The same chair. The same table. The same books. How long had this gone on for? James shifted against the creaking chair and looked at the people surrounding him. The Asian girl in front sat quietly with her back arched over the table, her right hand molded into claws that gripped her pen tightly. What was she going to copy? What would it matter in a decade? James wondered to himself. The girl hovered her hand over her note pad, waiting for a word. Waiting for a sentence to wake her from her pretense. James chuckled to himself. Oh how we act.

Miss goodwill stood in front of her class. A wrinkled hand on the hip and the other clutching a stick that she used to stab at her dusty chalkboard. The entire room was silent. Some bowed their heads in silent slumber while the rest stared at her with their empty eyes. Miss goodwill trudged on and began discussing Othello with herself. The irony of it all irked her. She had once loved her job. She had once taught with passion. She had once enjoyed this. But after her husband left her alone with her two boys, both not old enough to even feed themselves, she had crumbled. Miss goodwill's life had been a void ever since, a fracture in her soul so deep that she could no longer find joy in anything.

Her two kids. Every single morning, as their mother got ready for work, they would stand by her boney legs and grab at her dress. They would plead with their soft whimpering eyes for their mother to stay. They did not like the nanny. They wanted mommy. They wanted her. But always, they got pushed back gently with cold, firm hands. Mommy has to work. We need the money. And Miss goodwill would turn and walk out of the door. Ignoring the low cries of her two children as they stood watching their mother walk away. How long had this gone on for? She had no idea. The passion and flair that she used to teach with had all but evaporated. She blinked a tear out of her eye. Teaching had became a mere occupation to her. And that numbed her even more.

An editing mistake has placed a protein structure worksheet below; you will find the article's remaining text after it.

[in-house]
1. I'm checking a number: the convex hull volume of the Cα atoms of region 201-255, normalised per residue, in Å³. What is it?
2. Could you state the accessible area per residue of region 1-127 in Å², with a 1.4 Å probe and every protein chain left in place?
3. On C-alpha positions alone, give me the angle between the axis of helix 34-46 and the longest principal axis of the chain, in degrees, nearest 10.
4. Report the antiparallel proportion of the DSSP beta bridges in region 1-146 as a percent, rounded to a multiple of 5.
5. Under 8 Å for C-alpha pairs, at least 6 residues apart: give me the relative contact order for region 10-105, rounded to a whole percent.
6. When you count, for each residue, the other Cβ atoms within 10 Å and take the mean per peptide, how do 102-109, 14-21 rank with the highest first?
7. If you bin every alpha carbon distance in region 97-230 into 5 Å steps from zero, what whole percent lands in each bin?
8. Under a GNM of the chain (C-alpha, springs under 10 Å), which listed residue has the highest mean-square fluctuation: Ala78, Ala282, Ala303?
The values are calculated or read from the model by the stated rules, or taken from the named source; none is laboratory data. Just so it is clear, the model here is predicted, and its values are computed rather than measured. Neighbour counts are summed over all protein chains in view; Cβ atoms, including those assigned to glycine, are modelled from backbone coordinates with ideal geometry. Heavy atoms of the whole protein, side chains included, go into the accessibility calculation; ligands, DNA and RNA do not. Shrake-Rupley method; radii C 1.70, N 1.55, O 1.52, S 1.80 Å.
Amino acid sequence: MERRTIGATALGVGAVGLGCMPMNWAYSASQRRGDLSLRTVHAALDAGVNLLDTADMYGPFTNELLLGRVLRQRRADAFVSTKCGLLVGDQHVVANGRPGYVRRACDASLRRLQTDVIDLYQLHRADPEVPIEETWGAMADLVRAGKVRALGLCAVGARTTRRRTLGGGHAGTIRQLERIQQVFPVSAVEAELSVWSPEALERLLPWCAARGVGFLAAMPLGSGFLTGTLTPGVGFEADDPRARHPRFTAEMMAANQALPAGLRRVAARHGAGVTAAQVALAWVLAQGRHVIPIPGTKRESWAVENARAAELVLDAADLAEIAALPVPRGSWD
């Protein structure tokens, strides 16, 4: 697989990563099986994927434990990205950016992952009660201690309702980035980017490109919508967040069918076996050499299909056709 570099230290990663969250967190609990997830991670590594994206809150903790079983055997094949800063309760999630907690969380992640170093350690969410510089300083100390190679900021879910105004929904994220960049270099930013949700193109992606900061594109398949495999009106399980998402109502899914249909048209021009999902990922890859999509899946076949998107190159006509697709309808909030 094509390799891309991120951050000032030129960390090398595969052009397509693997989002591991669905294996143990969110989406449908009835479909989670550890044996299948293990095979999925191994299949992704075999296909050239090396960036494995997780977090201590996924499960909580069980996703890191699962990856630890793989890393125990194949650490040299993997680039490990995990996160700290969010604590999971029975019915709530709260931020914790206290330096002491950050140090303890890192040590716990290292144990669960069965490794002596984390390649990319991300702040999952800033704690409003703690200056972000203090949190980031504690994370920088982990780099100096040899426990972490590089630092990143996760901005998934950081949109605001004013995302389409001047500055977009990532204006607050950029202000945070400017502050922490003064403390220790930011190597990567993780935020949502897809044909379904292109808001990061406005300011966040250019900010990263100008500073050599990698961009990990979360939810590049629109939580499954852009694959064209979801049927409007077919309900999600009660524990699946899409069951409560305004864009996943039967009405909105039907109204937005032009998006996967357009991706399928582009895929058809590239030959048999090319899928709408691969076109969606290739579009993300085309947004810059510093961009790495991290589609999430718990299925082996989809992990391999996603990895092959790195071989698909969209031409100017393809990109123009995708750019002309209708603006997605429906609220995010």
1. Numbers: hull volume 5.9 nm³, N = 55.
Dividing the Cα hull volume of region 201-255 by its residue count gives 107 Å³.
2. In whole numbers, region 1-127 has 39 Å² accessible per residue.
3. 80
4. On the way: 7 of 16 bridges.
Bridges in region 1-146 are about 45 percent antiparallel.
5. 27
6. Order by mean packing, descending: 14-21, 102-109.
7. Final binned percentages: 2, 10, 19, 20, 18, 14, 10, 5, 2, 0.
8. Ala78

James rested his head on his arm. His head throbbed. Everything seemed dead, everyone seemed so static. He hated this. He hated this facade and wanted it to end now. The classroom imprisoned him from his dreams. He remembered how his father had flung his baseball bat against the wall, smashing it into bits. His baseball bat. The same one his father gave to him on his fifteenth birthday. He remembered going down on all fours to pick up the pieces, sobbing uncontrollably, hoping that once he had all the pieces he could somehow find some glue to piece them back together. His shivering hands reached for the tiny pieces as his father stood in front of him. Arms folded across the chest and glaring eyes that stared down at him. 'Son. I expect you to know what's right. Your grades are terrible and yet you spend your time hitting balls across the yard? Do not try me, the next thing that will break if your grades are not up is your neck.' And with that his father walked off. Leaving him bundled up on the floor, clutching his knees, crying and trembling amidst the broken shards of his bat.

He looked up from the desk to Miss goodwill. He tried to think why he was doing this again. He tried to find a reason to defend his father's actions. But he could find none. This is my life isn't it? Why cant I do the things I want? He thought of school as an obligation. A barrier to keep him away from his dreams, his hopes of becoming professional in baseball. The athletics society in his school was elitist in every way. Demanding perfection and slamming your face with the door if you had all but a tiny flaw. He was not that good with baseball but he loved it. He loved it with all his heart. And Isn't that enough? James looked out the window. The little box that had a quaint view of the garden below was guarded by a grill so rusty and so corroded that it seemed an insult to the beauty it was holding out. The fountain outside with the tiny cupid continued to spew water, continued to splash droplets of water all around. A vain attempt at spreading joy. A vain attempt at trying to make evanescent smiles. James dropped his eyes to his note pad and annotated Othello,

"Not poppy, nor mandragora,
Nor all the drowsy syrups of the world
Shall ever medicine thee to that sweet sleep
Which thou owedst yesterday"

And with that, James laid his head onto his arm once more and waited for his dreams to fetch him to where he belonged.